By China Daily
March 13, 2020

Current affairs, Environment

India’s Congress suffers setback after key leader defects to BJP

Move by Scindia and 22 legislators could trigger fall of Congress-led govt in central Madhya Pradesh state. The Congress has suffered a political setback following the resignation of Mr Jyotiraditya Scindia and 22 legislators in Madhya Pradesh state, deepening an existential crisis for a party that is struggling for political relevance in modern Indian politics. Mr Scindia, 49, an articulate leader, yesterday joined Prime Minister Narendra Modi’s Bharatiya Janata Party (BJP), with legislators loyal to him expected to follow suit. The move could lead to the collapse of the Congress-led Madhya Pradesh government. That would give the BJP a chance to form the government in the Hindi heartland state, which is seen as key objective for


By The Straits Times
March 12, 2020

Current affairs, Environment

Chinese Red Cross teams aid Iran’s COVID-19 fight

Humanitarian group to help Iranians with containment measures that worked in China. Voices on the other end of the line cut in and out due to a poor phone connection as officials at the Red Cross Society of China’s headquarters in Beijing attempted to talk to staff members on the ground in Iran on Tuesday morning. As the signal stabilised, the latest developments in controlling the novel coronavirus pneumonia epidemic in Teheran streamed into a conference room packed with Red Cross managers. Zhou Xiaohang, head of a five-member team-four medics and a Farsi interpreter sent to assist with COVID-19 control in Iran-said Iranians are increasingly taking precautions such as wearing face masks and washing their hands more often.


By China Daily
March 11, 2020

Current affairs, Environment

Shortage of Masks, Handwash due to panic- buying: Leave some for everyone

Despite repeated calls by global and local health experts and warnings from government, panic-buying grips the country. Global health experts have warned against hoarding masks, handwash and sanitisers during the coronavirus outbreak as it could worsen the situation by depriving those who might need them. Despite this, panic-buying of these products in Dhaka has been triggered by news of the first confirmed coronavirus cases in the country. Across the capital, several pharmacies and superstores have been facing a shortage of masks, antiseptic liquids and sanitisers since Sunday afternoon. The demand for tissue papers has also almost doubled overnight, some retailers claimed. Many of the retail stores, super shops and pharmacies in Karwan Bazar, M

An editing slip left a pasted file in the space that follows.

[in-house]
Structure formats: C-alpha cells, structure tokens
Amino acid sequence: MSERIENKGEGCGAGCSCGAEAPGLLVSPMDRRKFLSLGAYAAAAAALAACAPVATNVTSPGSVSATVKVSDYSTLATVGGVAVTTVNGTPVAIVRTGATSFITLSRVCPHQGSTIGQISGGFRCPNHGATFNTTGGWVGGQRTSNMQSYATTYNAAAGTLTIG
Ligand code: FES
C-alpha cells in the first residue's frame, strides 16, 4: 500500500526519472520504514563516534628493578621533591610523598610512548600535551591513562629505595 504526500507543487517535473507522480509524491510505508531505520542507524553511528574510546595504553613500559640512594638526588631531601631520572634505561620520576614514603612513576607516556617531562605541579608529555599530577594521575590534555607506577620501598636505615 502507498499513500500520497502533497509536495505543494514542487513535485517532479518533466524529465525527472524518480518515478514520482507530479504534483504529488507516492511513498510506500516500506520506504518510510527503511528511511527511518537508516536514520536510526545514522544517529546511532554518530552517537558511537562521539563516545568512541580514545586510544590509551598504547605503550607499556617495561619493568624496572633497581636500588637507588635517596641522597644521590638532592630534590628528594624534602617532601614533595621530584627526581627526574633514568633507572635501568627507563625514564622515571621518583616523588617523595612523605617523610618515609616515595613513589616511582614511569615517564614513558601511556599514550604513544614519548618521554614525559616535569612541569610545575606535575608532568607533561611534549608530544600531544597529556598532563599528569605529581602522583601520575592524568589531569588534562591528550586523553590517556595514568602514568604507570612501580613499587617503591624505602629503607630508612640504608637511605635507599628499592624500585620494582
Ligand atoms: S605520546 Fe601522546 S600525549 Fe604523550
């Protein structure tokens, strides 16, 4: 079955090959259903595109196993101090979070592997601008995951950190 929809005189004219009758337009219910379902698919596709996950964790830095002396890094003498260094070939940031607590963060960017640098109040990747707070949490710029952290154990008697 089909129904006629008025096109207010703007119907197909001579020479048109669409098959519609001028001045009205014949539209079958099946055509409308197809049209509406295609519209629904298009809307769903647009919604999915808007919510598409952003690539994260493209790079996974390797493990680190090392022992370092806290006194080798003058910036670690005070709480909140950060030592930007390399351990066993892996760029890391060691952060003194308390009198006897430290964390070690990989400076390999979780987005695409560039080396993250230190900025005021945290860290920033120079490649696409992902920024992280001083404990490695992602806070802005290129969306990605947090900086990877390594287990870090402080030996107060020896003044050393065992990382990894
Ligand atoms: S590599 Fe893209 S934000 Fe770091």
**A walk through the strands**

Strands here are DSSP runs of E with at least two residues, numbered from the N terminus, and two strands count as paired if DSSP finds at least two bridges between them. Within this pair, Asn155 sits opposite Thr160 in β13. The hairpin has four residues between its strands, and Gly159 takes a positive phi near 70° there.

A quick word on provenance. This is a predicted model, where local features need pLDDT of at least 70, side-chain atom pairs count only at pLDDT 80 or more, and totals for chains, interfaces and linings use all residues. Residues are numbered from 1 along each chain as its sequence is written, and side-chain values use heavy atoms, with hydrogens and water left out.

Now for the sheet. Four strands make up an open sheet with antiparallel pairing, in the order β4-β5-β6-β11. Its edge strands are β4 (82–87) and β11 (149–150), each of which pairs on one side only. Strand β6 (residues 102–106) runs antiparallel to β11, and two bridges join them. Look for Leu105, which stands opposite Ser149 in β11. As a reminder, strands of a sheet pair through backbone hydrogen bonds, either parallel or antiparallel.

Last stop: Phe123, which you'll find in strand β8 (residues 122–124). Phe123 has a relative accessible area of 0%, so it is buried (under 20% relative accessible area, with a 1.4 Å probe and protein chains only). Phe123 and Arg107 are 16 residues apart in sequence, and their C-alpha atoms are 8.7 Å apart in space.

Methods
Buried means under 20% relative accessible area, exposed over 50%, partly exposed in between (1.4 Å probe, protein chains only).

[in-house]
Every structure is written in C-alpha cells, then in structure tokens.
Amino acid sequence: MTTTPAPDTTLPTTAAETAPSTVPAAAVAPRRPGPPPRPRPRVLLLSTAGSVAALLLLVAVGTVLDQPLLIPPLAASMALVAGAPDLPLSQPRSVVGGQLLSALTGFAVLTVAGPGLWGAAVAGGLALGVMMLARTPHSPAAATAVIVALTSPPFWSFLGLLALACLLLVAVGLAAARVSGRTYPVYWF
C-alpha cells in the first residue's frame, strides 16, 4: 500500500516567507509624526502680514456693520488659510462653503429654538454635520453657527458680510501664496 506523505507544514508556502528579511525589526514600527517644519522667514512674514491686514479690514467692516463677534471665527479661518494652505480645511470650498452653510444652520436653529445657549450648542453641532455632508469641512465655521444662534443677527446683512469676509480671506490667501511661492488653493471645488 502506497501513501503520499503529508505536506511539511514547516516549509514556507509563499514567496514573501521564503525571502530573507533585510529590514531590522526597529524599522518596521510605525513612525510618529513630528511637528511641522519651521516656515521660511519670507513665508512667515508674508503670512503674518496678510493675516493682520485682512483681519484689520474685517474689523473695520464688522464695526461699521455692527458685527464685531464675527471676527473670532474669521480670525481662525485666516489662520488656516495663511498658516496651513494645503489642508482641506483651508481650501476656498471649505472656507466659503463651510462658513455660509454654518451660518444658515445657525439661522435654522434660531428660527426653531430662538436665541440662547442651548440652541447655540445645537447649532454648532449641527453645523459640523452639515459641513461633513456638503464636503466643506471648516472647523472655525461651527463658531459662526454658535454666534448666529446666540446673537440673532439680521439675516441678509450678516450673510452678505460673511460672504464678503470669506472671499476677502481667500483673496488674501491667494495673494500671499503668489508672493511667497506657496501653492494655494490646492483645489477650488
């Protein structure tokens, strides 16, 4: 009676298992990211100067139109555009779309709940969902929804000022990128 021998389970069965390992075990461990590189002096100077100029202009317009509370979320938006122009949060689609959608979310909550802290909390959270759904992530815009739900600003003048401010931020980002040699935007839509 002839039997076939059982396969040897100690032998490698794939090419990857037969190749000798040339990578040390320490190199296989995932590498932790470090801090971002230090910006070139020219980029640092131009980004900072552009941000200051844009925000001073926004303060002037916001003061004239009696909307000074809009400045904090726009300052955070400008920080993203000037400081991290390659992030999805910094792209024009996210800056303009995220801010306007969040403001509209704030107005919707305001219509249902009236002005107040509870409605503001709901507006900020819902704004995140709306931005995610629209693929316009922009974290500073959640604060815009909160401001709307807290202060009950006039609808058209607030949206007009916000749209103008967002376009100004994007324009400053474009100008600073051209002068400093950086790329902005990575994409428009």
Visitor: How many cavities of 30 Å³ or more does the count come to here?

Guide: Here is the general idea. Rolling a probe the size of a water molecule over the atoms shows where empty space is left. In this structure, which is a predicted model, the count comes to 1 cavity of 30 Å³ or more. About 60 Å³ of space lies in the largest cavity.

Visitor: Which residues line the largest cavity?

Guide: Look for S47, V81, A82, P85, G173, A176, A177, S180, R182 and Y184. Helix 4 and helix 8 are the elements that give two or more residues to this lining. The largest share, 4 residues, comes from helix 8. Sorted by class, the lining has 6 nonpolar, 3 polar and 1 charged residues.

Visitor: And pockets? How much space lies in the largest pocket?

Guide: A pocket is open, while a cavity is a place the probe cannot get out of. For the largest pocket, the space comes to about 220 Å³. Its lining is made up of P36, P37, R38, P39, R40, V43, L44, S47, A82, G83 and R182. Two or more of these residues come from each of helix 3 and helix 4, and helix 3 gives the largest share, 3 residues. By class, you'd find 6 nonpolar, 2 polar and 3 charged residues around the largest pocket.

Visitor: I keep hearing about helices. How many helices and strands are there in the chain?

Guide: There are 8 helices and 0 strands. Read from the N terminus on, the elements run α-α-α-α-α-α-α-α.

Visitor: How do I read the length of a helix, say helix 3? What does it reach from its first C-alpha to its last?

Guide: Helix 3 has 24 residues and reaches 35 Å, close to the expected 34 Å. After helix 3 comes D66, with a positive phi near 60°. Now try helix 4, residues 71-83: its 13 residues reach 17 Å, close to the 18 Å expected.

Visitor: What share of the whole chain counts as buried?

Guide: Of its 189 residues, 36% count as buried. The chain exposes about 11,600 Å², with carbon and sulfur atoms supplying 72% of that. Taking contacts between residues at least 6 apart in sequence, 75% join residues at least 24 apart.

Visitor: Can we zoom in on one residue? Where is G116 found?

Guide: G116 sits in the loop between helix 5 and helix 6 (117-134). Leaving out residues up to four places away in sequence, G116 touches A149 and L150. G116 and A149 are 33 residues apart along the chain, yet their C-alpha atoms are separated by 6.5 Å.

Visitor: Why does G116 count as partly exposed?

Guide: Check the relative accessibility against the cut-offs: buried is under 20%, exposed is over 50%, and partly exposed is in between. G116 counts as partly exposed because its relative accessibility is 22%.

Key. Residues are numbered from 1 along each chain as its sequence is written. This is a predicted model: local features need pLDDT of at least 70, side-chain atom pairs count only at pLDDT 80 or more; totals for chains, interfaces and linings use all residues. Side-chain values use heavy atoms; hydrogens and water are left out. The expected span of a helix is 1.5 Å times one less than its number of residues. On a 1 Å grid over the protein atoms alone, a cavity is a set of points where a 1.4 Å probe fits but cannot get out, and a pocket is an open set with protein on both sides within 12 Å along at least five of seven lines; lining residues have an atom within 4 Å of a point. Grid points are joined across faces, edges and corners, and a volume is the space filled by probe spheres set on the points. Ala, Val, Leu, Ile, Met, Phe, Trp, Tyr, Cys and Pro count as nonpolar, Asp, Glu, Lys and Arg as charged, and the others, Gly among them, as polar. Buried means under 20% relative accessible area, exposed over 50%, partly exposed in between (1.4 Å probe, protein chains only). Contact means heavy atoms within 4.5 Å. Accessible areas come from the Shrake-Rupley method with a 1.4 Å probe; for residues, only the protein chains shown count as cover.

By Daily Star
March 10, 2020

Current affairs, Environment

MH17 trial in Malaysia begins today

It was reported that MH17 was shot down by a BUK missile while flying over the conflict-hit eastern Ukraine. The trial will begin today. All eyes will be on the District Court of The Hague at the Schiphol Judicial Complex (JCS) in Badhoevedorp as the criminal proceeding against four men accused of shooting down Malaysia Airlines Flight MH17 begins. It was reported that MH17 was shot down by a BUK missile while flying over the conflict-hit eastern Ukraine. All 298 people on board, comprising 43 Malaysians, 193 Dutch nationals and 27 Australians, were killed. Members of the Malaysian media here to cover the start of the trial were given a briefing by press secretary for the judge, Yolande Wijnnobel, on what to expect at the start of the much-awai


By The Star
March 9, 2020

Current affairs, Environment

OPINION: ‘Righteous’ women

So who is this ‘righteous’ woman that would never dare join Aurat Marchers? ‘TIS the season to be righteous, or so many prominent Pakistanis on TV and social media along with the religious right would have us believe. Pakistan suffers from hypocritical moral policing at the best of times — in homes, colleges and universities, places of religious worship, and the workplace — but the trigger for the current frenzy is the impending Aurat Marches in many cities of the country. Given that these marches only began three years ago, one can only marvel at how rapidly they have gotten under the proverbial skin of their highly agitated opponents. Enough has been said and written about the wider context of the marches and why they threaten the


By ANN Members
March 6, 2020